Former Northern Ireland manager Billy Bingham who led the team to the 1982 and 1986 World Cups died at the age of 90. Bingham enjoyed two spells as Northern Ireland boss, the first between 1967-1971 and the second between 1980-1993. He also won 56 caps for the country as a player between 1951 and 1963 which included appearances in the 1958 World Cup. Bingham also managed Everton for four years in 1973 as well as made 227 appearances for Sunderland.

“Dad was diagnosed with dementia back in 2006 and I think it is a tribute to his will that he managed another 16 years from that diagnosis to the time he passed away. He passed away peacefully last night at 10.30 pm in a care home in Southport. We are very proud of all our dad achieved,” the son of former Northern Ireland manager Billy Bingham said.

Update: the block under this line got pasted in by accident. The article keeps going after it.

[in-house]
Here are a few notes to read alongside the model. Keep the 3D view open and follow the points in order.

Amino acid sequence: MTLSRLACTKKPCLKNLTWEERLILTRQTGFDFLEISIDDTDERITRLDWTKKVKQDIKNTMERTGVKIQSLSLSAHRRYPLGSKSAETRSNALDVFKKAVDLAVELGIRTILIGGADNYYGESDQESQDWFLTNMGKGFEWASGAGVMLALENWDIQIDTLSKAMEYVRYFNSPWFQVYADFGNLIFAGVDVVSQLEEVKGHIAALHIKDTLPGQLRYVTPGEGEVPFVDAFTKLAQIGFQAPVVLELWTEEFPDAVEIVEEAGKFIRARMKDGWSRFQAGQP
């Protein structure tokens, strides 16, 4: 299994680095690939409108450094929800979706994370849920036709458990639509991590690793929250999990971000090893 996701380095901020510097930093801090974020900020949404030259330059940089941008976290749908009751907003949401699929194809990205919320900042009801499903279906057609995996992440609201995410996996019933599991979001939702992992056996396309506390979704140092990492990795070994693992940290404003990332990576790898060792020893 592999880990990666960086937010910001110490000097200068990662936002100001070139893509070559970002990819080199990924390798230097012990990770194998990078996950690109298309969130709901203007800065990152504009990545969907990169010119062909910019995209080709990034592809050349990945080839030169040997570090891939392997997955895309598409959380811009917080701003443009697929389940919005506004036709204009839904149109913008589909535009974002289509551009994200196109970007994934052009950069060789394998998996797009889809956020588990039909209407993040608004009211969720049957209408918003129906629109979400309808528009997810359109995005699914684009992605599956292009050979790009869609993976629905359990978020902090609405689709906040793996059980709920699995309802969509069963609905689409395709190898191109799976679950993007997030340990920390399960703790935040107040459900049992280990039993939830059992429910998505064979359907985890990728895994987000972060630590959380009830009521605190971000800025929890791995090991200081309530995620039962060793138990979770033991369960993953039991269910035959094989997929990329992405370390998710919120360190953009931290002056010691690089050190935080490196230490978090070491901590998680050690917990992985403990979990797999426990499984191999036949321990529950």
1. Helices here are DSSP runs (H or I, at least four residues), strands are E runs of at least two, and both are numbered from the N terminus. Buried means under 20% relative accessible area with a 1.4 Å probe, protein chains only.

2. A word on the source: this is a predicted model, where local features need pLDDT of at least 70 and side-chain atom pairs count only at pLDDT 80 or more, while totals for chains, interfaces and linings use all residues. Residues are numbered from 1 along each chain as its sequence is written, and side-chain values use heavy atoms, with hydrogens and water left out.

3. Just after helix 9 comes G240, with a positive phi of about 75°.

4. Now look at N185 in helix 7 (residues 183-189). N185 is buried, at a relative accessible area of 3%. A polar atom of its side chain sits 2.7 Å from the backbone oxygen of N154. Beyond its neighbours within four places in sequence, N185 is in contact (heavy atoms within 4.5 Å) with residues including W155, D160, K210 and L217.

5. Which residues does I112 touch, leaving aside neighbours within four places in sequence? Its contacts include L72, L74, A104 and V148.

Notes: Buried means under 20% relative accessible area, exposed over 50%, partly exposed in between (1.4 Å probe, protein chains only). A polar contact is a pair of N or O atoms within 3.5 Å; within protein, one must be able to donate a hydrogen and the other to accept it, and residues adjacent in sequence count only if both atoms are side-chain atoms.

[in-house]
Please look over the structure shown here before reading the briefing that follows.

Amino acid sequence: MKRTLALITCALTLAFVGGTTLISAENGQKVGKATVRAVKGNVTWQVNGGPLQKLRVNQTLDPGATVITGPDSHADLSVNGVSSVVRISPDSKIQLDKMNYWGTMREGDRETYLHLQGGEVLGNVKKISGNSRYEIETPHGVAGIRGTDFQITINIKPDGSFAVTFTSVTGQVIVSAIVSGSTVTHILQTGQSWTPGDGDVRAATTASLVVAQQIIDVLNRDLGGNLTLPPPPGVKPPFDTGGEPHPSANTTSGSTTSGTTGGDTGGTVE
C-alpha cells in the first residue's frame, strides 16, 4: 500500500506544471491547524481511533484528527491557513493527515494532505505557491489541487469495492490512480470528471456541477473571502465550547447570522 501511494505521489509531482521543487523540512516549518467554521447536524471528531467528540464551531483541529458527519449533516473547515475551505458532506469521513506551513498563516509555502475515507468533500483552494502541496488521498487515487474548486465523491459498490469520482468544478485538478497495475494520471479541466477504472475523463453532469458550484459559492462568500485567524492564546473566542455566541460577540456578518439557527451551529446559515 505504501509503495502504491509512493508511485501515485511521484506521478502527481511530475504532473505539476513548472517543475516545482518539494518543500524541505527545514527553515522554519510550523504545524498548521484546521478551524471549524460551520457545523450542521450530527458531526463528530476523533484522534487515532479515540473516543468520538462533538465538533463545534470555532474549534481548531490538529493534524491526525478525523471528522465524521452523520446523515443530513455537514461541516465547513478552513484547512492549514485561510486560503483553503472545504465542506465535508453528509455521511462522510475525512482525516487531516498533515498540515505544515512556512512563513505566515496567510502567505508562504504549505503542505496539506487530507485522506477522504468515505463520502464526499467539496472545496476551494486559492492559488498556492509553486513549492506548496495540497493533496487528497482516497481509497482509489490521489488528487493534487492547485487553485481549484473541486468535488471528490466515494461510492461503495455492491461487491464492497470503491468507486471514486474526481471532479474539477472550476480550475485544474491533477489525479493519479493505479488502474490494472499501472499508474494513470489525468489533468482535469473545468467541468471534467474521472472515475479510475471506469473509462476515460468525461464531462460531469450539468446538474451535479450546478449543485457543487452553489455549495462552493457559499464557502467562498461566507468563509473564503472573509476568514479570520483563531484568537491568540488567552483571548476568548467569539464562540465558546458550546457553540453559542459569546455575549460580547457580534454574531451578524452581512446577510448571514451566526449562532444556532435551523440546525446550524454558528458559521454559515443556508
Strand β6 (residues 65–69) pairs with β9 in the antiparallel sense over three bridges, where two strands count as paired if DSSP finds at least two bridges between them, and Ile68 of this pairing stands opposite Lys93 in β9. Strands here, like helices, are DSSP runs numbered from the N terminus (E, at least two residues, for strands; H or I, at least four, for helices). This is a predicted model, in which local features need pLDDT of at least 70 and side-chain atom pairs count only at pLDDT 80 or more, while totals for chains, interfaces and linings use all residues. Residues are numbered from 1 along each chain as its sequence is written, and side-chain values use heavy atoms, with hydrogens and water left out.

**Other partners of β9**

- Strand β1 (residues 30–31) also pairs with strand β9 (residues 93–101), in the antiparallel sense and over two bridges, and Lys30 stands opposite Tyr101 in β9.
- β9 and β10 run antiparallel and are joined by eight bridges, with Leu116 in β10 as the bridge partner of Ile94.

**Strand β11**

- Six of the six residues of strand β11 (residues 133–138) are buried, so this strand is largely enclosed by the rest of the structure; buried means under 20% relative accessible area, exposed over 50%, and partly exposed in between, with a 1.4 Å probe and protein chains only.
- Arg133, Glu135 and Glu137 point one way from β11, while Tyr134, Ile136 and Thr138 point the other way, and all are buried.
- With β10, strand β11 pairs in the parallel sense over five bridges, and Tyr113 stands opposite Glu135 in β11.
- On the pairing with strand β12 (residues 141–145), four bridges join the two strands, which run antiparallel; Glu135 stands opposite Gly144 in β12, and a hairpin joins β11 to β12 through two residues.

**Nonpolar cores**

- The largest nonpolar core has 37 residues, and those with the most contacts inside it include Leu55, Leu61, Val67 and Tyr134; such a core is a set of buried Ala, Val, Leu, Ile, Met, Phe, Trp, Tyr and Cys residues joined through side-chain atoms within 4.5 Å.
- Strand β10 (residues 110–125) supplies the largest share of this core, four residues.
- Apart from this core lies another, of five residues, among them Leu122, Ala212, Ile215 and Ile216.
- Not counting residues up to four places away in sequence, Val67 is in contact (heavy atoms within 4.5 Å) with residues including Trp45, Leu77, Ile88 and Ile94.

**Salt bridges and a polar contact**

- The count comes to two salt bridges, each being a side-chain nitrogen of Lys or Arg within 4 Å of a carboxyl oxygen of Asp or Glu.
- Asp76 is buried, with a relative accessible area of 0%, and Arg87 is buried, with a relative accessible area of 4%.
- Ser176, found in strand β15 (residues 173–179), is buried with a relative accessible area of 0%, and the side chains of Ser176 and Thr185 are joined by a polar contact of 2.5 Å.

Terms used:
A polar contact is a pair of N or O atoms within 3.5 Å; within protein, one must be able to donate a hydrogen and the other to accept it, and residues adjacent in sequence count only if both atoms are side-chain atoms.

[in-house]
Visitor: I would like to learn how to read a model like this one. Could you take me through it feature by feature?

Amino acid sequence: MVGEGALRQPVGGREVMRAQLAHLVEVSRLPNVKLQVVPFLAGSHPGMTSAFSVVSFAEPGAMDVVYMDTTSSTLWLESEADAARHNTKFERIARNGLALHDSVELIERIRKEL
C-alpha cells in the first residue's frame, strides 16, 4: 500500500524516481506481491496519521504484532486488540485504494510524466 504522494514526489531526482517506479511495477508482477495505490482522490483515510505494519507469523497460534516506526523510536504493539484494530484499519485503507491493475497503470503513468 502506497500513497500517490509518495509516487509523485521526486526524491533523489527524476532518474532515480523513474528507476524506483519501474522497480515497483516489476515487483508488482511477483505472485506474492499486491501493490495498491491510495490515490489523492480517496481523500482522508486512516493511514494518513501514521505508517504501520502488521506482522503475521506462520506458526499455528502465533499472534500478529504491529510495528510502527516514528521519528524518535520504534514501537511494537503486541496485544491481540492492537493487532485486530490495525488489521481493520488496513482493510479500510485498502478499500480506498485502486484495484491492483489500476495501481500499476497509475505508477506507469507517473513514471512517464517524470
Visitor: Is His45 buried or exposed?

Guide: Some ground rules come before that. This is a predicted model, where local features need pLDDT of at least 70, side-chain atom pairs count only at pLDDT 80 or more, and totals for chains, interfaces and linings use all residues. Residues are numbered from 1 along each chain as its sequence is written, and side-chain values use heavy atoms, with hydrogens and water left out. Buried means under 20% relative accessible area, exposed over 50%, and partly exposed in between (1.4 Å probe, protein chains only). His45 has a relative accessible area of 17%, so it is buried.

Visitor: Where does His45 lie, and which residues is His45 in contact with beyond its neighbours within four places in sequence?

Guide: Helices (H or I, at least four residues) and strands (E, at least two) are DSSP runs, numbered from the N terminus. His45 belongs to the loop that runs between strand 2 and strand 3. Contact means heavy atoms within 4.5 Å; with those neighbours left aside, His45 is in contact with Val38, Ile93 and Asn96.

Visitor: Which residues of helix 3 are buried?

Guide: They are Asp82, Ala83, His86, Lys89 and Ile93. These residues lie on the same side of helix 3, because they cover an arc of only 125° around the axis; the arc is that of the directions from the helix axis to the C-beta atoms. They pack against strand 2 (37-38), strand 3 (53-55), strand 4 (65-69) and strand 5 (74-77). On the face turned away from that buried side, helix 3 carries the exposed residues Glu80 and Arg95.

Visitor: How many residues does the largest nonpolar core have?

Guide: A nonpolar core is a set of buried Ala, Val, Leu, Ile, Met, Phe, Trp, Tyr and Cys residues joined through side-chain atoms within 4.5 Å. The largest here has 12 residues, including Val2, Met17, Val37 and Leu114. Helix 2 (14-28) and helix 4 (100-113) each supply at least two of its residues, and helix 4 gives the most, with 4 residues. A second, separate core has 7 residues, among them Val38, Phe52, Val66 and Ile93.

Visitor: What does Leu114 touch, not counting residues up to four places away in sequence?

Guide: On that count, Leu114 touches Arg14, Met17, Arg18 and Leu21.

“Everyone at Glentoran is deeply saddened to hear of the passing of Billy Bingham,” his first club Glentoran posted on Twitter. “The thoughts and prayers of everyone at the club go out to Billy’s family and friends at this time.”

“Everton Football Club is deeply saddened to learn of the passing of Billy Bingham MBE,” the Merseyside club tweeted. “A great man who both played for and managed the Blues. You’ll be missed, Billy.”

“Billy holds a unique place in the football hearts of Northern Ireland in that he both played at and managed in World Cup final tournaments with Northern Ireland, being part of Peter Doherty’s historic team of 1958 in Sweden and then managing Northern Ireland in the 1982 and 1986 finals,” a statement on the Irish FA website read. “Billy was a tricky winger in the days when such a position was revered, but there was more to him than wing play. Billy was not afraid to mix it when needed, had an eye for goal, and had a wonderful tactical and positional brain – attributes which would come to the fore in his managerial career.”

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